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"Aryan" (आर्य)[1] is a term meaning "noble" which was used as a self-designation by Indo-Iranian people. The word was used by the Indic people of the Vedic period in India as an ethnic label for themselves, as well as to refer to the noble class and geographic location known as Āryāvarta where Indo-Aryan culture was based.[2][3] The closely related Iranian people also used the term as an ethnic label for themselves in the Avesta scriptures, and the word forms the etymological source of the country Iran.[4][5][6][7] It was believed in the 19th century that it was also a self-designation used by all Proto-Indo-Europeans, a theory that has now been abandoned.[8] Scholars point out that, even in ancient times, the idea of being an "Aryan" was religious, cultural and linguistic, not racial.[9][10][11]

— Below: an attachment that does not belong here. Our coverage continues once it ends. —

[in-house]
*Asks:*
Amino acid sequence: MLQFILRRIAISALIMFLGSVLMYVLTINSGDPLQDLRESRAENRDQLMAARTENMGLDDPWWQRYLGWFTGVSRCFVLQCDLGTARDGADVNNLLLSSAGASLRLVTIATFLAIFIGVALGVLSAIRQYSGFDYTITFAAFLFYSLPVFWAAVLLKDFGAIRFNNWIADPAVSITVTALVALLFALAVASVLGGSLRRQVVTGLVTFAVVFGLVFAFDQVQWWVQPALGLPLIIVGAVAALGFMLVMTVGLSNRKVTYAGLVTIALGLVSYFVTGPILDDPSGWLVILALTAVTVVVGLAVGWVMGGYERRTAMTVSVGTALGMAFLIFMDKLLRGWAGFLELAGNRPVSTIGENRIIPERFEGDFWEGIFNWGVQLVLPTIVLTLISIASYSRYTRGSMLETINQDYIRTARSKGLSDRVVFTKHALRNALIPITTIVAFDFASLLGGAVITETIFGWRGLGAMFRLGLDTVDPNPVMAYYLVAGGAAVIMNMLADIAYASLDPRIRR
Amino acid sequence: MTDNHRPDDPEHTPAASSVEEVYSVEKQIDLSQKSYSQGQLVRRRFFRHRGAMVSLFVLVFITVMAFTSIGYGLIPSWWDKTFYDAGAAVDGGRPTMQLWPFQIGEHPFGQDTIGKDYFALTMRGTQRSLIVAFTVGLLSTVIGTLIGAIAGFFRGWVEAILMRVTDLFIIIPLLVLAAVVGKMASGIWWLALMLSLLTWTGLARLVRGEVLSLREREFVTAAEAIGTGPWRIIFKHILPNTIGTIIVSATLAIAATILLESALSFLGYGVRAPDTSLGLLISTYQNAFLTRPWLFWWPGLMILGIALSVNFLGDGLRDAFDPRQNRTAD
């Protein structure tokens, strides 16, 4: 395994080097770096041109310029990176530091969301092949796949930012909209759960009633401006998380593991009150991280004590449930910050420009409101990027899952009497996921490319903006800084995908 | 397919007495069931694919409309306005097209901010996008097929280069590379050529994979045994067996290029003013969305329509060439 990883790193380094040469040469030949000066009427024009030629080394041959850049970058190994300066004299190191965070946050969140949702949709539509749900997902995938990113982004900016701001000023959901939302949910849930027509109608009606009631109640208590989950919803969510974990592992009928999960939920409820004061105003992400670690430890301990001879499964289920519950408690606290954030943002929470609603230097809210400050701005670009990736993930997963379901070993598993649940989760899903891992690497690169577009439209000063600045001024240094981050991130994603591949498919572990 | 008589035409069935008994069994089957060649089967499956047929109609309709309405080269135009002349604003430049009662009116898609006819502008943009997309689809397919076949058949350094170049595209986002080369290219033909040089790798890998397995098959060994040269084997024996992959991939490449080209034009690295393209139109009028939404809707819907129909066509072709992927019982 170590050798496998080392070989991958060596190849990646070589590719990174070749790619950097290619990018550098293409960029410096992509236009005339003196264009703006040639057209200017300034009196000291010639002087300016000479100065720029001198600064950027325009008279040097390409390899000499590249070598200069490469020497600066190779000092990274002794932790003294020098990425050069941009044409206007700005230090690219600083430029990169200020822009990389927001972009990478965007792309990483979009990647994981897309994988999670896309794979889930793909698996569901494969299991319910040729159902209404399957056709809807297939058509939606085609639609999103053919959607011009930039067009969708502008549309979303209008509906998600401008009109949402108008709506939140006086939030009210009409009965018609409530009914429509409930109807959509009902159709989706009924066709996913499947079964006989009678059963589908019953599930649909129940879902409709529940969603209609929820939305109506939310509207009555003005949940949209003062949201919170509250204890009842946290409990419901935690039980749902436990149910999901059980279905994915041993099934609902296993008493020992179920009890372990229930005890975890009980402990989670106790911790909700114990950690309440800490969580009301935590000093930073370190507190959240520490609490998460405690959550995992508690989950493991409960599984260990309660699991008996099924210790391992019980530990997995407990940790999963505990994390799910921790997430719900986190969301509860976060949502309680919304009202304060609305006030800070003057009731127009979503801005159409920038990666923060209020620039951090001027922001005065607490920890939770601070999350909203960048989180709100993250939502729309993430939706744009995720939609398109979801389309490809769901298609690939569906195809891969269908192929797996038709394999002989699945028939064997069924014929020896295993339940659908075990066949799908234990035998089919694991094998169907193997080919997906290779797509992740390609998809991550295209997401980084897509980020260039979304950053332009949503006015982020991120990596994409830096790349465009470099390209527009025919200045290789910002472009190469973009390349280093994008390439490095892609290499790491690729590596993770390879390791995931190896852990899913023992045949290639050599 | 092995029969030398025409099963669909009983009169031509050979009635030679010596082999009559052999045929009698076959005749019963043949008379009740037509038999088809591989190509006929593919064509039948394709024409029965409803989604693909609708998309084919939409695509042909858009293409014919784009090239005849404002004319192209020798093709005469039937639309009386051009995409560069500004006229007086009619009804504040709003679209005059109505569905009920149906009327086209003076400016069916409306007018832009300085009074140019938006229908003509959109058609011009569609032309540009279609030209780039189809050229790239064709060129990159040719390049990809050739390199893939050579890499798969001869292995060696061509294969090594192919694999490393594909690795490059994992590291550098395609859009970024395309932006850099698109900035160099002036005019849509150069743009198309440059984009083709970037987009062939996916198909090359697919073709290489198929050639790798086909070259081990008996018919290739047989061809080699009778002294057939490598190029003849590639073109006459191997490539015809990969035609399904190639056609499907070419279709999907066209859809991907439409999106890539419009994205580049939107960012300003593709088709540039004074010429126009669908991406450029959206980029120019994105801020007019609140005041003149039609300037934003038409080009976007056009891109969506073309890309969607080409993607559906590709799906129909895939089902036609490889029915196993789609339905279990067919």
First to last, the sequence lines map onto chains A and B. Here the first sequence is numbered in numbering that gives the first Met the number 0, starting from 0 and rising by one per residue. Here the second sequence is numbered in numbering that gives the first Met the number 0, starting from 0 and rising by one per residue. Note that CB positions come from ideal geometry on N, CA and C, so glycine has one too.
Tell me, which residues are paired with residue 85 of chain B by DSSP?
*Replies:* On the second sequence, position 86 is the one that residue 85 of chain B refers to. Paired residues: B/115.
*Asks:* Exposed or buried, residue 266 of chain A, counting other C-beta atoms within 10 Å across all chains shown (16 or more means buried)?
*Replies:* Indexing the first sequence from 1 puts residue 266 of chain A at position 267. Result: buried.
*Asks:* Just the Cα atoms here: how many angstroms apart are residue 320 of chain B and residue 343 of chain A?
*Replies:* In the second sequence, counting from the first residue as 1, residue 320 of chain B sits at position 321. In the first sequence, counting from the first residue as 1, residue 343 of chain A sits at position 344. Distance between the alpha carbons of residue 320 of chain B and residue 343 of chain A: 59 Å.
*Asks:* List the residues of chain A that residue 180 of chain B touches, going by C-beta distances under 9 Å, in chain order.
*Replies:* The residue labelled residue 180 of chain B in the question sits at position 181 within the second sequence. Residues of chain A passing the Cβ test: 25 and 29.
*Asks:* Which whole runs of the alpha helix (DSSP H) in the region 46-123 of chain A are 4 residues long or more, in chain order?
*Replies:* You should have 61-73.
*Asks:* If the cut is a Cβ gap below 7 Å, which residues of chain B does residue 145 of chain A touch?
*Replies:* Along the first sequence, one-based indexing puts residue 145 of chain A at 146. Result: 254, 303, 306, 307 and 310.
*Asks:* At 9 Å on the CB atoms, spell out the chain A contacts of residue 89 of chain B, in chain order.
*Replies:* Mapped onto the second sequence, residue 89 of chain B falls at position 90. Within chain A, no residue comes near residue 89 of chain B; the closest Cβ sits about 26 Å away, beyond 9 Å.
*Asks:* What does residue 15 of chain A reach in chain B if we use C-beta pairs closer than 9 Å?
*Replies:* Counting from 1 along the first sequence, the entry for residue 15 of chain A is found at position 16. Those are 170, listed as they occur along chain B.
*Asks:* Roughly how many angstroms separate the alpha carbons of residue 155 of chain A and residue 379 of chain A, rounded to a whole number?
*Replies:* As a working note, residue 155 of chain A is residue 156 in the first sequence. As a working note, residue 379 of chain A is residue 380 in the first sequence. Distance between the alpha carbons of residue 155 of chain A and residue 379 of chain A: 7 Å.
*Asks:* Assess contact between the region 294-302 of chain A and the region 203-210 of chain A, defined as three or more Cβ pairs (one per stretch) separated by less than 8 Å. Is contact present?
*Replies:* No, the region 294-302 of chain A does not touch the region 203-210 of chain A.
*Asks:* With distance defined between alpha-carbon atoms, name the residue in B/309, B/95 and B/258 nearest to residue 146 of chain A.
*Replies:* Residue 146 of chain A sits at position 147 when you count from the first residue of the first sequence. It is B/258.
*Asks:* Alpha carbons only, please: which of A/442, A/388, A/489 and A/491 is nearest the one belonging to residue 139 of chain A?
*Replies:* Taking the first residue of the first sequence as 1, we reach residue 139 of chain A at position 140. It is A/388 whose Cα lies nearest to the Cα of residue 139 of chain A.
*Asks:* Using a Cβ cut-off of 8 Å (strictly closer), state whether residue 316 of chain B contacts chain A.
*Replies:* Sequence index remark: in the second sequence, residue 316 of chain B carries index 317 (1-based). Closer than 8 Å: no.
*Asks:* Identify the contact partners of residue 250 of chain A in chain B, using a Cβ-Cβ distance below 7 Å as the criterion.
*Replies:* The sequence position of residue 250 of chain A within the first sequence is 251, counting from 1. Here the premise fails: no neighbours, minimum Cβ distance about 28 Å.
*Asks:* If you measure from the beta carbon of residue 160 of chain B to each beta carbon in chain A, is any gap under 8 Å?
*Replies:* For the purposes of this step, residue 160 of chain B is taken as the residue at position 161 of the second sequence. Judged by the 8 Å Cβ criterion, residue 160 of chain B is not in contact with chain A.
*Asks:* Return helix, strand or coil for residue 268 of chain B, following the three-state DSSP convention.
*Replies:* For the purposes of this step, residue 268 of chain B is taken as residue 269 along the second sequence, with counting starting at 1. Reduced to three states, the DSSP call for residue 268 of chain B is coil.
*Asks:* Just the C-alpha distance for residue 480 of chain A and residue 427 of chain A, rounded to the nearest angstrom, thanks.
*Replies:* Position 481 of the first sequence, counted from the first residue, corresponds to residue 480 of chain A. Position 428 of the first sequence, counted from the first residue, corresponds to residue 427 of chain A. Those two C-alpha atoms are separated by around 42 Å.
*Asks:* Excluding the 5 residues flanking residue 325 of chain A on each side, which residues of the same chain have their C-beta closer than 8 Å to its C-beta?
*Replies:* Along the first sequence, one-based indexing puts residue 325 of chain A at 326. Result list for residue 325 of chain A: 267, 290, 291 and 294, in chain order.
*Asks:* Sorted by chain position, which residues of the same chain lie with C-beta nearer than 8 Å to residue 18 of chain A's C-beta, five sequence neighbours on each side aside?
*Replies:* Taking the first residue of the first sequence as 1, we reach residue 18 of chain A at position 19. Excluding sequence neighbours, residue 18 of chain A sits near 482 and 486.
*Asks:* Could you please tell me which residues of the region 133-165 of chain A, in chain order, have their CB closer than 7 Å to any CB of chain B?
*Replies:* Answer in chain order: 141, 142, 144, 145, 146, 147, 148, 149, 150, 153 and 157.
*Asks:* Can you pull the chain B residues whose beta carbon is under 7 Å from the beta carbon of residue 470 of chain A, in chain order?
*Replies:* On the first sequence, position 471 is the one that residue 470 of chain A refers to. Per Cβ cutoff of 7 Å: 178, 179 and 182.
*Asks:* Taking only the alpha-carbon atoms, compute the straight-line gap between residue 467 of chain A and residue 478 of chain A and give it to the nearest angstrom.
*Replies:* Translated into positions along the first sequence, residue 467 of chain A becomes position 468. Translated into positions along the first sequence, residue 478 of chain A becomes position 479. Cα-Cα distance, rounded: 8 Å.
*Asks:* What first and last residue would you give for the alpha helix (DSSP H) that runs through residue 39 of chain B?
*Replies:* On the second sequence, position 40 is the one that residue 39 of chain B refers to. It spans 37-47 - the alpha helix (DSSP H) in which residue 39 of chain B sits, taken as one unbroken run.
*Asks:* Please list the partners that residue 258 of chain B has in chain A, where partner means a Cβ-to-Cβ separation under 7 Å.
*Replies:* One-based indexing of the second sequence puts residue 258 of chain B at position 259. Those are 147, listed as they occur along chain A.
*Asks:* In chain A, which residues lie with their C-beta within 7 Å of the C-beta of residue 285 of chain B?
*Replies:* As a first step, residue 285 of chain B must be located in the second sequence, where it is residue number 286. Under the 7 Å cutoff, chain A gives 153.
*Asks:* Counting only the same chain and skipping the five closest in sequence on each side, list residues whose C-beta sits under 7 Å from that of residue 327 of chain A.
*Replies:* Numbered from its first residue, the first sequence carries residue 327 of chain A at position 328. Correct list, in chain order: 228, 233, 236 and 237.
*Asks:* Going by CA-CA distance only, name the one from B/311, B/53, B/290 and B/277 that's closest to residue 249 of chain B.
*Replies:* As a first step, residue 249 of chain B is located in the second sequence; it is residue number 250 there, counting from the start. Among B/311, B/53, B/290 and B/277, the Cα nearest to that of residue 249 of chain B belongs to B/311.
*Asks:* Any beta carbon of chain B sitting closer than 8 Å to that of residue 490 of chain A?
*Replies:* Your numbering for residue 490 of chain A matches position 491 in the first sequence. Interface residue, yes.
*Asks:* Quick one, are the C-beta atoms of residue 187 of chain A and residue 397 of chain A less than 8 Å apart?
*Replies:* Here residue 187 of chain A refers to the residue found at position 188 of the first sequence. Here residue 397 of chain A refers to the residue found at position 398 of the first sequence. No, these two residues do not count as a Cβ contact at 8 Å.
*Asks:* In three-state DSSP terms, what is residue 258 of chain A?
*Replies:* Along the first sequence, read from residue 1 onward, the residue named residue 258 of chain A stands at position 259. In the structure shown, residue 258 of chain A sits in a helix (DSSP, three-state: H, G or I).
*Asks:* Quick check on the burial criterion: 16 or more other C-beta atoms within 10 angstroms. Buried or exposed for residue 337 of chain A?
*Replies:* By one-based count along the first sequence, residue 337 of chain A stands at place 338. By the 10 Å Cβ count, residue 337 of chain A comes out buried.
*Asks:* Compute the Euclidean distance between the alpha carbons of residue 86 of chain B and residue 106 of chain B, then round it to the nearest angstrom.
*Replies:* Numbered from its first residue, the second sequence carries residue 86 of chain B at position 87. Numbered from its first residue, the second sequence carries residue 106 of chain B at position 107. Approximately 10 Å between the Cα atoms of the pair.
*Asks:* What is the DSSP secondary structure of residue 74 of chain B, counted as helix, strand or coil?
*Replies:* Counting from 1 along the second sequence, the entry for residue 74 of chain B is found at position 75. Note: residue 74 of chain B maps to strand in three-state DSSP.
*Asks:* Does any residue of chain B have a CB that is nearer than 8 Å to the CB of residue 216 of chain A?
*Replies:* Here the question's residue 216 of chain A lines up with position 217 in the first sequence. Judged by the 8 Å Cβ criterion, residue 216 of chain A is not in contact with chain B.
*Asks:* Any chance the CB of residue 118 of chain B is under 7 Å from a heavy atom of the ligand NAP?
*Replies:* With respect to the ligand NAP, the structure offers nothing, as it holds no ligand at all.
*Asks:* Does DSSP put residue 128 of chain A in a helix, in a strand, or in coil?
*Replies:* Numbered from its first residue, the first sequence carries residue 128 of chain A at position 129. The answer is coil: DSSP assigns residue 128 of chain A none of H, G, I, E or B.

Drawing on misinterpreted references in the Rig Veda by Western scholars in the 19th century, the term "Aryan" was adopted as a racial category through the work of Arthur de Gobineau, whose ideology of race was based on an idea of blonde northern European "Aryans" who had migrated across the world and founded all major civilizations, before being degraded through racial mixture with local populations. Through Houston Stewart Chamberlain, Gobineau's ideas later influenced the Nazi racial ideology, which also saw "Aryan peoples" as innately superior to other putative racial groups.[12] The atrocities committed in the name of this racial aryanism caused the term to be abandoned by most academics; and, in present-day academia, the term "Aryan" has been replaced in most cases by the terms "Indo-Iranian" and "Aryan" is now mostly limited to its appearance in the term of the "Indo-Aryan languages".[13]


The English word "Aryan" is borrowed from the Sanskrit word ārya,[8] आर्य, meaning "noble" or "noble one".[5][7][14] It was reintroduced into English with the new spelling by William Jones in the 18th century.[5]